Shop our one-stop online megastore for all your ammunition needs and enjoy top-quality merchandise at the most competitive prices. Remember, we can help you to shoot more and pay less than before.

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What Are the Four Primer Sizes?

Primer sizes can be broken down as follows:

  1. Small rifle primerswhich are about .175 inches in diameter and .120 inches tall.
  2. Small pistol primers which are about the same size as small rifle primers but designed specifically for handguns.
  3. Large rifle primers – which measure about .128 inches in height and .212 inches in width.
  4. Large pistol primers – which are an average of .120 inches tall and.212 inches wide.

Don’t Let the Names of the Primer Sizes Fool You

It may not always be obvious which type of primer is right for a given firearm. In some cases, large rifle ammo does not always use large rifle primers. For example, there are many styles of 308 Winchester that come factory loaded with small rifle primers instead.

The same is true when it comes to handgun ammunition. For example, Federal .45 ACP ammo often uses small pistol primers to propel one of the largest calibers on earth.

To avoid mistakes that could lead to improper loading or inaccurate shooting, you should always follow the directions in your reloading manual to the letter.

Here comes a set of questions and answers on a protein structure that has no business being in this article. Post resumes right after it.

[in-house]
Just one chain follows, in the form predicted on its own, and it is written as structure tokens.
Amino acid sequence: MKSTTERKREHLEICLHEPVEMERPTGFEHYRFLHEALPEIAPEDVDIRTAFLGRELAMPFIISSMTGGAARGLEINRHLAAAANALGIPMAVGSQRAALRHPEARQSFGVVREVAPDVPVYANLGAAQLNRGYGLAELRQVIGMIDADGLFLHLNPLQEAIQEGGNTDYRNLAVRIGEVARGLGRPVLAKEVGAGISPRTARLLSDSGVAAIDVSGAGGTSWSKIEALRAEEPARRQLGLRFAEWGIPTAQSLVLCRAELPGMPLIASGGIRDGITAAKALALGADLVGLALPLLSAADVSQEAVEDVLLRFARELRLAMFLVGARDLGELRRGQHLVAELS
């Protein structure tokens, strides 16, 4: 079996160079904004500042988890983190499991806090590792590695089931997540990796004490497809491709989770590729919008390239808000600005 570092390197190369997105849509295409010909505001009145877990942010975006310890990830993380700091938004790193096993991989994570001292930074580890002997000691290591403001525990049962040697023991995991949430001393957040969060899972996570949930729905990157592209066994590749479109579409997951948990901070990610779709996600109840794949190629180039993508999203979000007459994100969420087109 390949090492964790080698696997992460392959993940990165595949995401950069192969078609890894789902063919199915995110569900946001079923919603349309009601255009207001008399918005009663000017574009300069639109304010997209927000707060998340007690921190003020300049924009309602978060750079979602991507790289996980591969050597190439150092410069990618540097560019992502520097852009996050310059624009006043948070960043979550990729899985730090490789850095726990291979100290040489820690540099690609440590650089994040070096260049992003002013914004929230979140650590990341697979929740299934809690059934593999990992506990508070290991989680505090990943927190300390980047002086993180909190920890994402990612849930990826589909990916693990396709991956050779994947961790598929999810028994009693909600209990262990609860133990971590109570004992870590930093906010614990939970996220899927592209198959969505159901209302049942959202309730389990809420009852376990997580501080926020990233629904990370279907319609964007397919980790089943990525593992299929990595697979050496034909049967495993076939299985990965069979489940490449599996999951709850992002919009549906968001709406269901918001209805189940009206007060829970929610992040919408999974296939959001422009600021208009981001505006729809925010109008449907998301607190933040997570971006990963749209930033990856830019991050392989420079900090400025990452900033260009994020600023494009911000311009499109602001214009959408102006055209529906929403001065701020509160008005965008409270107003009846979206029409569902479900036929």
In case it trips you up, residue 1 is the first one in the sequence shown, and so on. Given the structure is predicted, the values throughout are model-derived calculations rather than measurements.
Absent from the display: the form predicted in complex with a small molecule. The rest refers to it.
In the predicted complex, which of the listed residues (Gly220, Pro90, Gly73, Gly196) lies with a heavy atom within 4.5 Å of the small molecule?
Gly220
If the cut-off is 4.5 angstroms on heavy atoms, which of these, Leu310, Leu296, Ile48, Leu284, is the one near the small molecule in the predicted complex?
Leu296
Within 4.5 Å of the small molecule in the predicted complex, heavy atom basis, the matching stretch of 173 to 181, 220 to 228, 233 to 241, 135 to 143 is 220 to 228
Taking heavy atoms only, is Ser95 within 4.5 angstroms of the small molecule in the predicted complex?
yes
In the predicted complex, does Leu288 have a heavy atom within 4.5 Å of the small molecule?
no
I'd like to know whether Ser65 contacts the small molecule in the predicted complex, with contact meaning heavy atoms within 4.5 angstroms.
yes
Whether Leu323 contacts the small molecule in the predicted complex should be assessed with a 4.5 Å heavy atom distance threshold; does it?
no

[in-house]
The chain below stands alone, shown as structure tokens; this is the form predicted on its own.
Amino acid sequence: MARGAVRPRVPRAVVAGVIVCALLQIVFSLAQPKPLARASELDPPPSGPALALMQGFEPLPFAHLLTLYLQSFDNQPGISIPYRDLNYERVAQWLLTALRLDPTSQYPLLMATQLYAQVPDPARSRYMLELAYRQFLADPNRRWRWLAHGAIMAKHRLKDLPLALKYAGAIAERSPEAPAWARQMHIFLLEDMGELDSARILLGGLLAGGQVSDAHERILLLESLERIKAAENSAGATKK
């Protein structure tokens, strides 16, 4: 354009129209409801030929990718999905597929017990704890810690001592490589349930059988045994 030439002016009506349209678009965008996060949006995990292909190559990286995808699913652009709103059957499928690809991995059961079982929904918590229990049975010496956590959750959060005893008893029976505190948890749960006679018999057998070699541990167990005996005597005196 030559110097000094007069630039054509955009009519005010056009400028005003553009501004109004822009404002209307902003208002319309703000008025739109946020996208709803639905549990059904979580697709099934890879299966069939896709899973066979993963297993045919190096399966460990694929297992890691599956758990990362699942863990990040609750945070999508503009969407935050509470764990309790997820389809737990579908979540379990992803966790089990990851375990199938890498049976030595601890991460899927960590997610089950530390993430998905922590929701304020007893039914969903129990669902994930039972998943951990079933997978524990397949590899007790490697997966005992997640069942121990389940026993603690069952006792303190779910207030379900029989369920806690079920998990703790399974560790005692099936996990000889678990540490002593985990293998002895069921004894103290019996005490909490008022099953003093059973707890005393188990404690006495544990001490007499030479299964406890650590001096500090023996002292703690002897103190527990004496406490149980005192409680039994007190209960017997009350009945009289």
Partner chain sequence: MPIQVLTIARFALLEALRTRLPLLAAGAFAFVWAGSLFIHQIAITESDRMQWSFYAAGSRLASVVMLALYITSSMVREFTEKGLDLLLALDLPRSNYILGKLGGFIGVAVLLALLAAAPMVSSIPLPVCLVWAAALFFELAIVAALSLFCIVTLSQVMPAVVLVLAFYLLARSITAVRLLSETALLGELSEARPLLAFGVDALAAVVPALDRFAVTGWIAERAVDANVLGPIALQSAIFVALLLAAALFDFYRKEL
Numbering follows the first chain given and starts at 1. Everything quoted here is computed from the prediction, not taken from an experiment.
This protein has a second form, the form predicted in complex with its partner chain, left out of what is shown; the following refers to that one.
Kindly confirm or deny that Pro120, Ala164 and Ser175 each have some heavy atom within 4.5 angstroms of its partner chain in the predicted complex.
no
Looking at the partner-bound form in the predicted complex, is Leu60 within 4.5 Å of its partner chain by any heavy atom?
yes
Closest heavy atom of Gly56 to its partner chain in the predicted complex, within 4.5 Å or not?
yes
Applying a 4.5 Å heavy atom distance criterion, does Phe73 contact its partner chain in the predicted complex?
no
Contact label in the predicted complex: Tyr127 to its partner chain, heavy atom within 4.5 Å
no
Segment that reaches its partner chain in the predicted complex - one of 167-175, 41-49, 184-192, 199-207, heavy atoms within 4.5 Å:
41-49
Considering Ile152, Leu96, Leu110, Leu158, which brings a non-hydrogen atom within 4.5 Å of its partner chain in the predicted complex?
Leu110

Sizes and Standards Can Vary Across Ammo Manufacturers

Every ammo maker uses its own proprietary processes to manufacture a particular caliber or type of ammunition. As a result, there are small but measurable differences in the actual products that each company turns out.

This accounts for the frustration many reloaders feel when certain types of primers cause their reloading press to jam. If you run into this problem, then try a different brand of primer and see if that resolves the issue.

Sometimes, tiny variations between brands of primer actually benefit the gun owner. For example, the thin cups used in Federal primers make them a good choice for cowboy action shooters. That’s because they compensate for the light hammer falls that accompany rapid-fire shooting styles.

Are Bench Rest/Match-Grade Primers Worth the Extra Cost?

Bench rest primers are designed to give consistent results from one round to the next. This is a major advantage in long-range or competitive shooting, where minor differences in a primer’s discharge can have major effects on where the bullet ends up.

On the other hand, when it comes to everyday shooting the benefits of using bench rest primers are less obvious. That’s because many factors can affect the accuracy and range of your shots, including weather, the condition of your firearm, and your skills as a marksman.

The bottom line is that standard primers are fine for most purposes.

Powder Valley: The One-Stop Source for All Your Reloading Supplies